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April 9, 2013

Elsevier acquires Mendeley + all the data about what you read, share, and highlight

I liked the Mendeley guys. Their product is terrific — read your scientific articles, annotate them, be guided by the reading behaviors of millions of other people. I’d met with them several times over the years about whether our LibraryCloud project (still very active but undergoing revisions) could get access to the incredibly rich metadata Mendeley gathers. I also appreciated Mendeley’s internal conflict about the urge to openness and the need to run a business. They were making reasonable decisions, I thought. At they very least they felt bad about the tension :)

Thus I was deeply disappointed by their acquisition by Elsevier. We could have a fun contest to come up with the company we would least trust with detailed data about what we’re reading and what we’re attending to in what we’re reading, and maybe Elsevier wouldn’t win. But Elsevier would be up there. The idea of my reading behaviors adding economic value to a company making huge profits by locking scholarship behind increasingly expensive paywalls is, in a word, repugnant.

In tweets back and forth with Mendeley’s William Gunn [twitter: mrgunn], he assures us that Mendeley won’t become “evil” so long as he is there. I do not doubt Bill’s intentions. But there is no more perilous position than standing between Elsevier and profits.

I seriously have no interest in judging the Mendeley folks. I still like them, and who am I to judge? If someone offered me $45M (the minimum estimate that I’ve seen) for a company I built from nothing, and especially if the acquiring company assured me that it would preserve the values of that company, I might well take the money. My judgment is actually on myself. My faith in the ability of well-intentioned private companies to withstand the brute force of money has been shaken. After all this time, I was foolish to have believed otherwise.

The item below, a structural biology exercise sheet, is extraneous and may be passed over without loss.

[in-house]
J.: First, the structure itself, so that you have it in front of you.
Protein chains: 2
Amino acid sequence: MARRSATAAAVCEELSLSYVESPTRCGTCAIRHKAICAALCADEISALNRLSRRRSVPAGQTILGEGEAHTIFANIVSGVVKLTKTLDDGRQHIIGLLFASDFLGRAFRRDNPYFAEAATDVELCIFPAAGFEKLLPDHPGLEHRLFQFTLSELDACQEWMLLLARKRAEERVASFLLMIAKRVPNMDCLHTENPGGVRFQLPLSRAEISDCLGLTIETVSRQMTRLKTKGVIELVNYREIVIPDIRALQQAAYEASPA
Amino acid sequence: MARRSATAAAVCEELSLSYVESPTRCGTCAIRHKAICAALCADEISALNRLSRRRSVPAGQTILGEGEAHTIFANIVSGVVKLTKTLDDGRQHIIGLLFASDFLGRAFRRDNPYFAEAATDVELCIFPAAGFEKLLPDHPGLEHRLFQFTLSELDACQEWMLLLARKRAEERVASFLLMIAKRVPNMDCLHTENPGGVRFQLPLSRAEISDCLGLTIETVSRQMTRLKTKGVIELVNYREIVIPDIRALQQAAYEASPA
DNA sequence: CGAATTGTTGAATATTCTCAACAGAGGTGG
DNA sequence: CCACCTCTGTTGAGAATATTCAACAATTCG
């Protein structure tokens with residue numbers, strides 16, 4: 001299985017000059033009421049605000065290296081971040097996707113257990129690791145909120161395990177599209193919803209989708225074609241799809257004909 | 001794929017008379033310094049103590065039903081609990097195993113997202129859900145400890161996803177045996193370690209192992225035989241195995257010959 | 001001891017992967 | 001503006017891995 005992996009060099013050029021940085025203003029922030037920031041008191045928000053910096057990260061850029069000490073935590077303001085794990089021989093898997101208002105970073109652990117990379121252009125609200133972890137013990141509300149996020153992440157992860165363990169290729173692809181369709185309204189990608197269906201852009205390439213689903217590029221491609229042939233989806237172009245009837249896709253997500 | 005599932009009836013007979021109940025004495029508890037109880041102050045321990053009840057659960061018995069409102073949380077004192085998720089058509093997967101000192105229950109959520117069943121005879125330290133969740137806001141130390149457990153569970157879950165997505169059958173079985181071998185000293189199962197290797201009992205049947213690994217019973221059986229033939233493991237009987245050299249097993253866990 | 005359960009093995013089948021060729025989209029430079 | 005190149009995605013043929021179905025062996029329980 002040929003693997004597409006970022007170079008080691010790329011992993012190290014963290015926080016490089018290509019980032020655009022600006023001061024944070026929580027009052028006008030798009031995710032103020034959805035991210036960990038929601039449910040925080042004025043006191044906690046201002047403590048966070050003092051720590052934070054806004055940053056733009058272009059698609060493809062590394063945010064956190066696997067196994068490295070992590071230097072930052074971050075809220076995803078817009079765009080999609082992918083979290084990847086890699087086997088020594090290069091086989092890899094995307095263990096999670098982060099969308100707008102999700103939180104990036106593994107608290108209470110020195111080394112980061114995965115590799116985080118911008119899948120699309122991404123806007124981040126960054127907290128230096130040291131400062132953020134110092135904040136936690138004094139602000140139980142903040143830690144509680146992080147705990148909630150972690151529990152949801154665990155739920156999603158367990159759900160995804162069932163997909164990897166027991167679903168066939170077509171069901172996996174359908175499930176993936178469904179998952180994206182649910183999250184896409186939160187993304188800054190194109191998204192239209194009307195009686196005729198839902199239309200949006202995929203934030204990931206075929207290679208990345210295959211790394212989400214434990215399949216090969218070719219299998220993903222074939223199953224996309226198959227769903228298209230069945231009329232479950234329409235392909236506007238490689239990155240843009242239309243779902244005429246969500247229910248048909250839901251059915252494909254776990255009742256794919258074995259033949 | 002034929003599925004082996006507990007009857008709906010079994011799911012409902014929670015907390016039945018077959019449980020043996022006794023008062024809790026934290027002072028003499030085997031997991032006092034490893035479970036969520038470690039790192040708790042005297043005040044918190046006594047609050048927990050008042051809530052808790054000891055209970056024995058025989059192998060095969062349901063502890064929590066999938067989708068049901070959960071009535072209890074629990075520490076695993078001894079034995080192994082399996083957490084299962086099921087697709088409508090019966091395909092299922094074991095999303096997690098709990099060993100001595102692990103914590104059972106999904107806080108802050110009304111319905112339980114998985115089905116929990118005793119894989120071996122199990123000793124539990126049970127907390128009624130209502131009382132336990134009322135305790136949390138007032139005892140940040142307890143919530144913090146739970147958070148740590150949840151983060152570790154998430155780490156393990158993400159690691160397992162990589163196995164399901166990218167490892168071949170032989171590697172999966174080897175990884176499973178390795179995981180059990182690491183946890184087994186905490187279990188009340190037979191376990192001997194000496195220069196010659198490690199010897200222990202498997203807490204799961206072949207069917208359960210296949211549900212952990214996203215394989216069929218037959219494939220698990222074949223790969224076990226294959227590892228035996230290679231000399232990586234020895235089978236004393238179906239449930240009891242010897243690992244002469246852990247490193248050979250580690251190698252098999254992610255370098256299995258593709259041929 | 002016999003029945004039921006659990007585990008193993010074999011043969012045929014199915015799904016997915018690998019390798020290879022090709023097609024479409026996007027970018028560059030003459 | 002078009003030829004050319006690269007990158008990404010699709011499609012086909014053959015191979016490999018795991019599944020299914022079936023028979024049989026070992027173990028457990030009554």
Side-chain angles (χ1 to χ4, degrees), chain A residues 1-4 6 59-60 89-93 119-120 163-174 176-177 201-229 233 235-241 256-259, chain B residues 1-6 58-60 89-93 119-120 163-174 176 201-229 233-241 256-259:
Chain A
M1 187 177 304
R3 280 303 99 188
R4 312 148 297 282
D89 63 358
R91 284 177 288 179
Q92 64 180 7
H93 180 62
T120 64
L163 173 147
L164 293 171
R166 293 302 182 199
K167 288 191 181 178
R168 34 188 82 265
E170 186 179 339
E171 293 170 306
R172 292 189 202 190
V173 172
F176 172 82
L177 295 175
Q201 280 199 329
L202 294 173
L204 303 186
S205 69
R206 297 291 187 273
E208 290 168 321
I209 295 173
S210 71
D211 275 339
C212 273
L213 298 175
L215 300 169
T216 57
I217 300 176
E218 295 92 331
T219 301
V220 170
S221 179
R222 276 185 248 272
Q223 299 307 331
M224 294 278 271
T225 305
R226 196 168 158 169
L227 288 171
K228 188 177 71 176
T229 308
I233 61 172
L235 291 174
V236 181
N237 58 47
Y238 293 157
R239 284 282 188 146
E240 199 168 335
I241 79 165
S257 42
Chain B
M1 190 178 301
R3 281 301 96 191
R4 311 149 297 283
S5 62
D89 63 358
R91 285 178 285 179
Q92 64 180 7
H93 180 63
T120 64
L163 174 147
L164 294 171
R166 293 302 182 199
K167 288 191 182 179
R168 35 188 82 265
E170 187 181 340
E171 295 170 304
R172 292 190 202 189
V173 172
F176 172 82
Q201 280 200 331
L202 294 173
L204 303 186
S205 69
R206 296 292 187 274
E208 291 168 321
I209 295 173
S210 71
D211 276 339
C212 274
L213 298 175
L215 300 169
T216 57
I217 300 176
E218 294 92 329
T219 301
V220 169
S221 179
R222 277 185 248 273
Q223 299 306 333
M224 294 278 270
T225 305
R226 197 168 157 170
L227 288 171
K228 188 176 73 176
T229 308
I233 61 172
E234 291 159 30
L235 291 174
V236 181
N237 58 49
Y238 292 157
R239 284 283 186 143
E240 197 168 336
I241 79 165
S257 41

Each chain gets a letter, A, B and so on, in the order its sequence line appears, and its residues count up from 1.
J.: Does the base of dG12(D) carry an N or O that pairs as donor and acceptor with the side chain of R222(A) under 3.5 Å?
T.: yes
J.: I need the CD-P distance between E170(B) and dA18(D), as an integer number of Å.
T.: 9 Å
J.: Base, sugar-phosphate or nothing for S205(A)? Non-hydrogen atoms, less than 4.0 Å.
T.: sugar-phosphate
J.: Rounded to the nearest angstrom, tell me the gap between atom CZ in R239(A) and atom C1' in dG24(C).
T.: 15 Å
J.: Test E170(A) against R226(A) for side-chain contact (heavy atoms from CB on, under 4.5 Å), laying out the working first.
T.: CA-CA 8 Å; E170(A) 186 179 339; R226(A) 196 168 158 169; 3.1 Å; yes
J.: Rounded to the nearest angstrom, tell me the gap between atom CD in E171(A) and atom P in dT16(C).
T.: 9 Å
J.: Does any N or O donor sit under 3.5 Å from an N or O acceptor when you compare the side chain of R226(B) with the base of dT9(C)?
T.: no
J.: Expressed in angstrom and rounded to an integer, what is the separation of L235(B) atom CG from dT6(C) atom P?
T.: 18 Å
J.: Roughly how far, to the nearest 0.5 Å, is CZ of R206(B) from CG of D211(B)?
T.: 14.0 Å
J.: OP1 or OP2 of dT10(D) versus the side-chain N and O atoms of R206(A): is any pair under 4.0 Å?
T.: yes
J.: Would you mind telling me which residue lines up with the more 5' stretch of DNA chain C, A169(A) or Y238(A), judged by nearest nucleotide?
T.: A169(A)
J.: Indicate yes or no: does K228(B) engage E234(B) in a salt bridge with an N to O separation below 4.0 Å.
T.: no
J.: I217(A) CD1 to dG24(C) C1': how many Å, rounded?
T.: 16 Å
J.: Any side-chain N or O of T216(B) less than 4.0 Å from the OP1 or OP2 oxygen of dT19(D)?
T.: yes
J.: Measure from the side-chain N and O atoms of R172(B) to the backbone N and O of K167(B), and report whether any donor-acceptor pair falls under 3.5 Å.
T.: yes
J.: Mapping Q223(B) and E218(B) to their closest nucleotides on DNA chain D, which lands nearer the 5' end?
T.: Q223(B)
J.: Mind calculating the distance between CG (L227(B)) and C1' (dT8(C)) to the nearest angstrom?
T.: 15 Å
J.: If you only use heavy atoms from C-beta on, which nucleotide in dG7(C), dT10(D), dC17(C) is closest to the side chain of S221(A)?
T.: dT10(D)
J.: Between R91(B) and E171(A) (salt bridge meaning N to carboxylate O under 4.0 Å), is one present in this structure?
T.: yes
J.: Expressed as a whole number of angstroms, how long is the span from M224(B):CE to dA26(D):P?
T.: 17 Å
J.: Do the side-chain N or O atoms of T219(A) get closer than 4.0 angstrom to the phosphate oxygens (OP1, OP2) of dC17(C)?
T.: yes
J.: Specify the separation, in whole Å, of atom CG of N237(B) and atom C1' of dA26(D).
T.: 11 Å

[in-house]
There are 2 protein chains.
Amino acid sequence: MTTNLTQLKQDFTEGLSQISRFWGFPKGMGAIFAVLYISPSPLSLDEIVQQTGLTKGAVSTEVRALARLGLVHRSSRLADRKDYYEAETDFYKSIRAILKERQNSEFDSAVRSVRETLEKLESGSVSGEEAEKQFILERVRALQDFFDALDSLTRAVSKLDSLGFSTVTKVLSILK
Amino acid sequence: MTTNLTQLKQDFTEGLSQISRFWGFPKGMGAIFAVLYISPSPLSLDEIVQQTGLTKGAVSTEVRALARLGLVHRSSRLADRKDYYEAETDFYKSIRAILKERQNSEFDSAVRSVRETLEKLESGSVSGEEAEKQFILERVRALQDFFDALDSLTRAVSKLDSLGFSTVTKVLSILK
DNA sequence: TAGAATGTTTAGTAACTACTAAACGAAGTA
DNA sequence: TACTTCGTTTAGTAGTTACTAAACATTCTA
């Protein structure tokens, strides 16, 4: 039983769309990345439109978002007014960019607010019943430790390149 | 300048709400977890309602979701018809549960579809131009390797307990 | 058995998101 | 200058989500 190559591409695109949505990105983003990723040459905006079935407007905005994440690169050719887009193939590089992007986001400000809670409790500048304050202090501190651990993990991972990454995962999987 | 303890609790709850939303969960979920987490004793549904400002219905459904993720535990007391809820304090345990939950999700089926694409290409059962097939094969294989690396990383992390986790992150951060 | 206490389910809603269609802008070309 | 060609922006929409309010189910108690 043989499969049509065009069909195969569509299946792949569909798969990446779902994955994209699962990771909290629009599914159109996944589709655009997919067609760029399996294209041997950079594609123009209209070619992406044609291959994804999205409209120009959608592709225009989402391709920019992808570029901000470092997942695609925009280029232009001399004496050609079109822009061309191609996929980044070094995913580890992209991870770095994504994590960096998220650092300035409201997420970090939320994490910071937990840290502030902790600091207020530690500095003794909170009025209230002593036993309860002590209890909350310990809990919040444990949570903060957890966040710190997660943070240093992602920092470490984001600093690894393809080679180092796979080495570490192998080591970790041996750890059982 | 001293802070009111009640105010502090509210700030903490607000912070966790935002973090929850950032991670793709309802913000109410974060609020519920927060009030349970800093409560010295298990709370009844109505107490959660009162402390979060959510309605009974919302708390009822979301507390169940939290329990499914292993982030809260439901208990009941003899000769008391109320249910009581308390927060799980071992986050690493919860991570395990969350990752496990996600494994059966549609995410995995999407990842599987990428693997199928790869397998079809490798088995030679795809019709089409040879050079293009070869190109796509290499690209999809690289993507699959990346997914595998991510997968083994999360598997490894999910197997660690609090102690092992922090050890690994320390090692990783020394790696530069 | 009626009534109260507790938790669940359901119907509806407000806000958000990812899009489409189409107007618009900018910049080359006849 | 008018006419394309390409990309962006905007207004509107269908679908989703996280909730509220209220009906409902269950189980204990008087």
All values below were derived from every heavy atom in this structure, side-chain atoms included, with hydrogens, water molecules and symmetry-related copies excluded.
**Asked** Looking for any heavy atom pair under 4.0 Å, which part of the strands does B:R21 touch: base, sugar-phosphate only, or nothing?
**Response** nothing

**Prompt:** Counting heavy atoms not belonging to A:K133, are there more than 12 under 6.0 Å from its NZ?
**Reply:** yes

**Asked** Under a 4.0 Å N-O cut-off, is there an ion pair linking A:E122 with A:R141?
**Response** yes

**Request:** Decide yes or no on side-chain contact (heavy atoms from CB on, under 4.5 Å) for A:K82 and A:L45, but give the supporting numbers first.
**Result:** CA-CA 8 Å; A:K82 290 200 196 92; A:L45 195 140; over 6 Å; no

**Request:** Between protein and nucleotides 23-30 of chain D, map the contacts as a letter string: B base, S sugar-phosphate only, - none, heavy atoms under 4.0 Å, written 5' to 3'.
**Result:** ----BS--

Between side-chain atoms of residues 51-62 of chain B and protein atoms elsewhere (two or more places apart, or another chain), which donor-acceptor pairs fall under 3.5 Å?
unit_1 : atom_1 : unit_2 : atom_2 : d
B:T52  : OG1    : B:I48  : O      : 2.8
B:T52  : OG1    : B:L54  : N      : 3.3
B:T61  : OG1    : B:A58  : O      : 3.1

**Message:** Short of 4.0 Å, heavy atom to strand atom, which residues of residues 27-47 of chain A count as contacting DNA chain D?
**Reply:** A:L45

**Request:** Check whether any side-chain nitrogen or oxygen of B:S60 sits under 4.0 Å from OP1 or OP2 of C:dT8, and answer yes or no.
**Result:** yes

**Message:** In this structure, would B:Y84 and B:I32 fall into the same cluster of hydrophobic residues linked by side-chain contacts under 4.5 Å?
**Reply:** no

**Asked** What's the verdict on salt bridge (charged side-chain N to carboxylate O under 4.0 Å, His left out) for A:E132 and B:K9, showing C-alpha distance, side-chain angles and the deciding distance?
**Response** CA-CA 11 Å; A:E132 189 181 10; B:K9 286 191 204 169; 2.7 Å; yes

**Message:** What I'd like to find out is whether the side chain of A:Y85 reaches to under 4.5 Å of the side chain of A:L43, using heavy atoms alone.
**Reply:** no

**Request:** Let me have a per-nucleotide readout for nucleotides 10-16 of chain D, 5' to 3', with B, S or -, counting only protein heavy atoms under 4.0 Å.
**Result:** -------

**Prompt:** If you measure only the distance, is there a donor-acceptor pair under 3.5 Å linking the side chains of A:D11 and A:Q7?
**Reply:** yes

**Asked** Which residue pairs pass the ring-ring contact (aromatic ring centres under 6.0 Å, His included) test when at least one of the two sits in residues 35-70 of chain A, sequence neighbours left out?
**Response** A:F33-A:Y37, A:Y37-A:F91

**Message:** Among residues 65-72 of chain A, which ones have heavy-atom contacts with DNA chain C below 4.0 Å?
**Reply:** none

MrGunn tweets: “We don’t expect you to be joyous, just to give us a chance to show you what we can do.” Fair enough. I would be thrilled to be wrong. Unfortunately, the real question is not what Mendeley will do, but what Elsevier will do. And in that I have much less faith.


I’ve been getting the Twitter handles of Mendeley and Elsevier wrong. Ack. The right ones: @Mendeley_com and @ElsevierScience. Sorry!


August 18, 2010

[2b2k] Mendeley and the ecology of science

Perhaps the coolest thing about writing a book is that you have an excuse to interview people you otherwise wouldn’t get to talk with.

Today I interviewed Victor Henning, the co-founder of Mendeley, a very popular desktop app for researchers that indexes your PDFs, provides social reading and researching tools, and aggregates anonymized information about what researchers are actually reading and annotating. There’s a lot packed into Mendeley, all designed to help researchers find out what they need to know, primarily though social means.

Victor and some friends founded Mendeley as grad students when they discovered that although they were in different fields, their research needs and processes were very similar. In the twenty months since its launch in January 2009, it’s grown to 450,000 users, with 33 million documents in its database.

I’m thinking of using Mendeley as an example of how the scientific landscape has changed. Although it’s hard to find uncredentialed amateurs who, thanks to the Web, have made large individual contributions to science — for most of the sciences, you need lots of training and access to expensive equipment — the Net has changed the world in which credentialed experts work. For example, Mendeley is able to provide a much more responsive picture of the trendlines in scientific research than the “impact factor” by which journals measure their significance; the impact factor looks at the number of citations of the articles in a journal over the prior two years, divided by the total number of articles in the journal. Two to three years is a long time to wait to measure impact. Plus, as Victor points out, Mendeley can be much more granular.

As Victor says: “My personal opinion is that some form of credentials will always matter. It’s a heuristic to decide if some other person can be trusted. But credentials will not just be that someone is a tenured profession or is at a top isnstution or is published in Science or Nature. In the Mendeley context it may be that his paper has lots of readers, or lots of rankings or tags.”

The old authorities and credentials are still there and are likely to continue to have weight. But the ocean in which they swim is now filled with a lot more fish.